Derby Street Railway Bridge - Safety improvements and major maintenance

Derby Street Railway Bridge

Lancashire County Council is preparing to carry out vital safety improvements to Derby Street Bridge, which is located in Ormskirk town centre, and carries the A570 over the railway line which links Preston and Liverpool.

Derby Street Bridge was built in 1848, and was not designed to carry modern traffic. Work is now needed to make it safer and strengthen the bridge. The current footways on the bridge are too narrow for pedestrians to use safely, and the narrow traffic lanes increase the risk of a collision which could impact the bridge and affect the safety of the railway which runs underneath.

Planned work

  • The footways will be widened to make the bridge safer for pedestrians and the carriageway will be reduced from two lanes to one for traffic from the traffic lights at the junction with Burscough Street. Traffic from Railway Road and Railway Approach will join Derby Street by merging into the single lane across the bridge.

    This will also move traffic away from the parapet walls of the bridge, reducing the risk of a vehicle colliding with the wall and endangering the railway.
  • The bridge will be fitted with heritage railings in keeping with the historic appearance of the bridge. These are needed as the parapet walls are currently lower than standard, and the railings will make it safer for pedestrians to use.
  • Maintenance is needed to the bridge arches to ensure it is strong enough to withstand the weight of traffic using the A570. The arches on the bridge are made up of several connected brick rings. Investigations have shown that the mortar which connects the rings has broken down and the rings are no longer supporting each other as they should. To restore the arches the brick rings will be stitched together from underneath using steel ties.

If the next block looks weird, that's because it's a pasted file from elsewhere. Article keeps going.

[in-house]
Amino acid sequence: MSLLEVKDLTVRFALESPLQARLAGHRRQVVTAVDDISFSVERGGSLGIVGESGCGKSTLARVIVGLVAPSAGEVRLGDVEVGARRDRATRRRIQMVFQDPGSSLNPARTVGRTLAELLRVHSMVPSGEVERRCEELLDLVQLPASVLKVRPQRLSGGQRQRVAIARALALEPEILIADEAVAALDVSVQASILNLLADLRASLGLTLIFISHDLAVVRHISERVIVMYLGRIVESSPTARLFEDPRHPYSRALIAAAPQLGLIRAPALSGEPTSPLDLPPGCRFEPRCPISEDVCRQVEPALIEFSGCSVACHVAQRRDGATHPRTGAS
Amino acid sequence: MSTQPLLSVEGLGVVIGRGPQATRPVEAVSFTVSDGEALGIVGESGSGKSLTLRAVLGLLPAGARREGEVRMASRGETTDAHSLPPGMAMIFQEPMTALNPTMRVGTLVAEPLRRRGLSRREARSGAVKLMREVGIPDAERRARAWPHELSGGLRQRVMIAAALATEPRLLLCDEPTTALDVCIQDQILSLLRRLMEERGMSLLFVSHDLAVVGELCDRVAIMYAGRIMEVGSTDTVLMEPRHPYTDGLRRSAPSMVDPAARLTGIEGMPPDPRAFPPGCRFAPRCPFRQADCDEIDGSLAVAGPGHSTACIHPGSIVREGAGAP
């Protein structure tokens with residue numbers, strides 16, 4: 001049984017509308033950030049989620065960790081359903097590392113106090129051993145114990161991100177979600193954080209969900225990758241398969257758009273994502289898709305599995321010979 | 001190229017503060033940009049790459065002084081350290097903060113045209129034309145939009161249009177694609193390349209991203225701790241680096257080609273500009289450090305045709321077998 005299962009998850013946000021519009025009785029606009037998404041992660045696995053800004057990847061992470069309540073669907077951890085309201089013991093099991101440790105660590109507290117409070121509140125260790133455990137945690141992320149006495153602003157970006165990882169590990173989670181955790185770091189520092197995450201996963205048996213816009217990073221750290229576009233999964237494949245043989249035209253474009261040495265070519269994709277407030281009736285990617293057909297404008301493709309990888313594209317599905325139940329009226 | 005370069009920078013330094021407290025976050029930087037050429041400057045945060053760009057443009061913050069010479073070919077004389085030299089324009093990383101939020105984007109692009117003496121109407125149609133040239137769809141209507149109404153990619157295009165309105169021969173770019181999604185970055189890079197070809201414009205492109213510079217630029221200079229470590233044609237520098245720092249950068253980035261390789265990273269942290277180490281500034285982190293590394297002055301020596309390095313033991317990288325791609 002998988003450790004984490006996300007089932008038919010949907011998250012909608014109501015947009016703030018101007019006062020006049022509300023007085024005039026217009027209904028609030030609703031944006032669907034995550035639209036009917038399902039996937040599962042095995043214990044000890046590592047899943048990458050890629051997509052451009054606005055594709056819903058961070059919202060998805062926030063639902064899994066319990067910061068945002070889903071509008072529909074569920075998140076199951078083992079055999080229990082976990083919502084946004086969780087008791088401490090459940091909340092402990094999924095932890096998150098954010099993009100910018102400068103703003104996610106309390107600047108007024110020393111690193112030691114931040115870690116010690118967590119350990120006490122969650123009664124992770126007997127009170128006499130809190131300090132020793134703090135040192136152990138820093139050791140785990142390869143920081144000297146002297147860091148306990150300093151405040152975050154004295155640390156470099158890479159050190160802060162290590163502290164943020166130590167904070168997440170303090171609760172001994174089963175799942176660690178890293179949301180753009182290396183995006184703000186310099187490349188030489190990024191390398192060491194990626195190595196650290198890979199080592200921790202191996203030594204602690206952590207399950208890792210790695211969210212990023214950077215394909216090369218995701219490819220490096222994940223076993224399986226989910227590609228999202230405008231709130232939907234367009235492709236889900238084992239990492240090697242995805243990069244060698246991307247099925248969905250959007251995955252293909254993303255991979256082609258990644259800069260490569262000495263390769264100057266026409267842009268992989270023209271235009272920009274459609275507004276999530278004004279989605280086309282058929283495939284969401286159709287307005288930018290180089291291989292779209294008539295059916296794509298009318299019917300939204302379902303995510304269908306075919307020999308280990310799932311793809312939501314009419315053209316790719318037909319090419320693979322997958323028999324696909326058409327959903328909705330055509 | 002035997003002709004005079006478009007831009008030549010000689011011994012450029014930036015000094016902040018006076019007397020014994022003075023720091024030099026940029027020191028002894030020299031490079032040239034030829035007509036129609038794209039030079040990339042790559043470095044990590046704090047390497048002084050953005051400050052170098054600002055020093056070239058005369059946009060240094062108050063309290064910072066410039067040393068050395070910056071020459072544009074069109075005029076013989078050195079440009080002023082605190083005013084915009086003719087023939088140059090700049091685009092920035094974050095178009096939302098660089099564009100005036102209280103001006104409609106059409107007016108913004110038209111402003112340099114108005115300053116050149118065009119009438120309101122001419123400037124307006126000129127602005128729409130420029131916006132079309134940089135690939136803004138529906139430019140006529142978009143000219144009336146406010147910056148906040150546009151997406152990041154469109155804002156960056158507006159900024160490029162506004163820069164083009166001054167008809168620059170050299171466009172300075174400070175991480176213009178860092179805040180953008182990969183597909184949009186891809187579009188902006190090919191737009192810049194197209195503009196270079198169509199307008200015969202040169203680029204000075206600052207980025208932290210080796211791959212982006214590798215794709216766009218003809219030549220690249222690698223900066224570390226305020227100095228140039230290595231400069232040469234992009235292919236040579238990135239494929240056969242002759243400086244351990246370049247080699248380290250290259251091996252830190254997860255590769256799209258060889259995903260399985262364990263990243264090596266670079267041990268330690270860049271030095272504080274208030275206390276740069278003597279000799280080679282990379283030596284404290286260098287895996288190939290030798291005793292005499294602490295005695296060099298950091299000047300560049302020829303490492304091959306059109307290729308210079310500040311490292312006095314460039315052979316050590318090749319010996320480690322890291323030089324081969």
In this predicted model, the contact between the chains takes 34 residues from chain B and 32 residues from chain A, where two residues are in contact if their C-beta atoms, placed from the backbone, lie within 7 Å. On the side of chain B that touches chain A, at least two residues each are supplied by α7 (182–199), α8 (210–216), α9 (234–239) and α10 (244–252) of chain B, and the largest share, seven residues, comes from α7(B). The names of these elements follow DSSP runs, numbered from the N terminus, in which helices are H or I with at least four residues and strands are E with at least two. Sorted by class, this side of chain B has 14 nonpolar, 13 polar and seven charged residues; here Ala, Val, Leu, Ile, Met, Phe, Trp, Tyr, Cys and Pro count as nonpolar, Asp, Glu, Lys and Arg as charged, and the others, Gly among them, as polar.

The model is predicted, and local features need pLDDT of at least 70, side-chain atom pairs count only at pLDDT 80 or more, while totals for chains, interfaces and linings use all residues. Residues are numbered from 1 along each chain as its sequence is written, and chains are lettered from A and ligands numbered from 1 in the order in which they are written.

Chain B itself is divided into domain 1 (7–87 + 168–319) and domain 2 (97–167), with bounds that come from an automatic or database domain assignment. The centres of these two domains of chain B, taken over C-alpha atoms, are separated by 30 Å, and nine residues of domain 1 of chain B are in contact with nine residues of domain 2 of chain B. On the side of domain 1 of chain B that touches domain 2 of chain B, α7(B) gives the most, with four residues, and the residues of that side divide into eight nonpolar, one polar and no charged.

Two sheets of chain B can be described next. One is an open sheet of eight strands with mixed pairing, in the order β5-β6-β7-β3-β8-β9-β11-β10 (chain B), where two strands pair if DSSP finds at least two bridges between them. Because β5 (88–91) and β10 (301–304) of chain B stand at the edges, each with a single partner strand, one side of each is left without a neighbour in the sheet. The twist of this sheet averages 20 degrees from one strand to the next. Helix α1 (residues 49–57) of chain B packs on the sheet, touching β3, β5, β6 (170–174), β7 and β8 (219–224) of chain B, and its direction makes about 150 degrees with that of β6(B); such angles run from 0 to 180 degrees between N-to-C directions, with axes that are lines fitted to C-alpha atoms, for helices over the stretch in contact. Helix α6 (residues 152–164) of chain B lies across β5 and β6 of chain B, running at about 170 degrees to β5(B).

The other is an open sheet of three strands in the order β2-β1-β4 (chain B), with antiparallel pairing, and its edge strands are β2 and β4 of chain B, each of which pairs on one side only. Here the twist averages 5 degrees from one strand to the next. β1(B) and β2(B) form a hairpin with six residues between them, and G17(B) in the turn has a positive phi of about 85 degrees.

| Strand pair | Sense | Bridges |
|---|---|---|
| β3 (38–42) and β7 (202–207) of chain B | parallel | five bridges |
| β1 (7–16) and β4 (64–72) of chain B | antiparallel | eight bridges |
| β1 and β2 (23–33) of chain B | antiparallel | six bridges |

How we know that reducing traffic to one lane will not cause delays

The proposal is based on detailed traffic modelling, a tried and tested method of testing what impact any change to the roads will have on traffic.

A computer-based model has been produced using real-life traffic surveys and information captured by cameras which monitor traffic levels on the bridge and in the surrounding area.

This comprehensive set of information has been used to provide a robust assessment of the impacts on the area being modelled, together with any knock-on effects on roads across the wider area. This work resulted in a simulation of the way traffic uses the area to show real-time traffic movements.

This showed that any impact on traffic by reducing the bridge to one lane would be very minor and would not have a significant impact on traffic as it crosses the bridge, or at junctions in the surrounding area.

Testing the impact of reducing the bridge to one lane

A trial or pilot scheme would only provide a snapshot of the impact at the time, and can be influenced by other factors – such as traffic being quieter than normal, or an incident nearby causing more traffic. It is therefore not as reliable as producing a computer model using survey data collected over an extended period of time.

However, we have recently observed the bridge operating with a single traffic lane during recent work to take 'core samples', as part of our preparations for the maintenance scheme, including during the morning and evening 'peak hour' for traffic, and were able to see that traffic flowed freely over the bridge as predicted by our previous traffic modelling work.


The estimated project cost for delivery of the works is £2m. This represents a significant investment in the Ormskirk transport system and will ensure that the bridge is safe for use by all and that it will continue to remain an important feature of the Ormskirk town centre conservation area.

How long it will take and how it will be done

The work is currently planned to take place in 3 phases over an 8-month period. Some of the work will take place from underneath the bridge so this will not involve any changes to the road above.

The road will stay open to traffic throughout the work with a single lane during the day. There will be some limited overnight closures to carry out work that cannot be done while the road is open.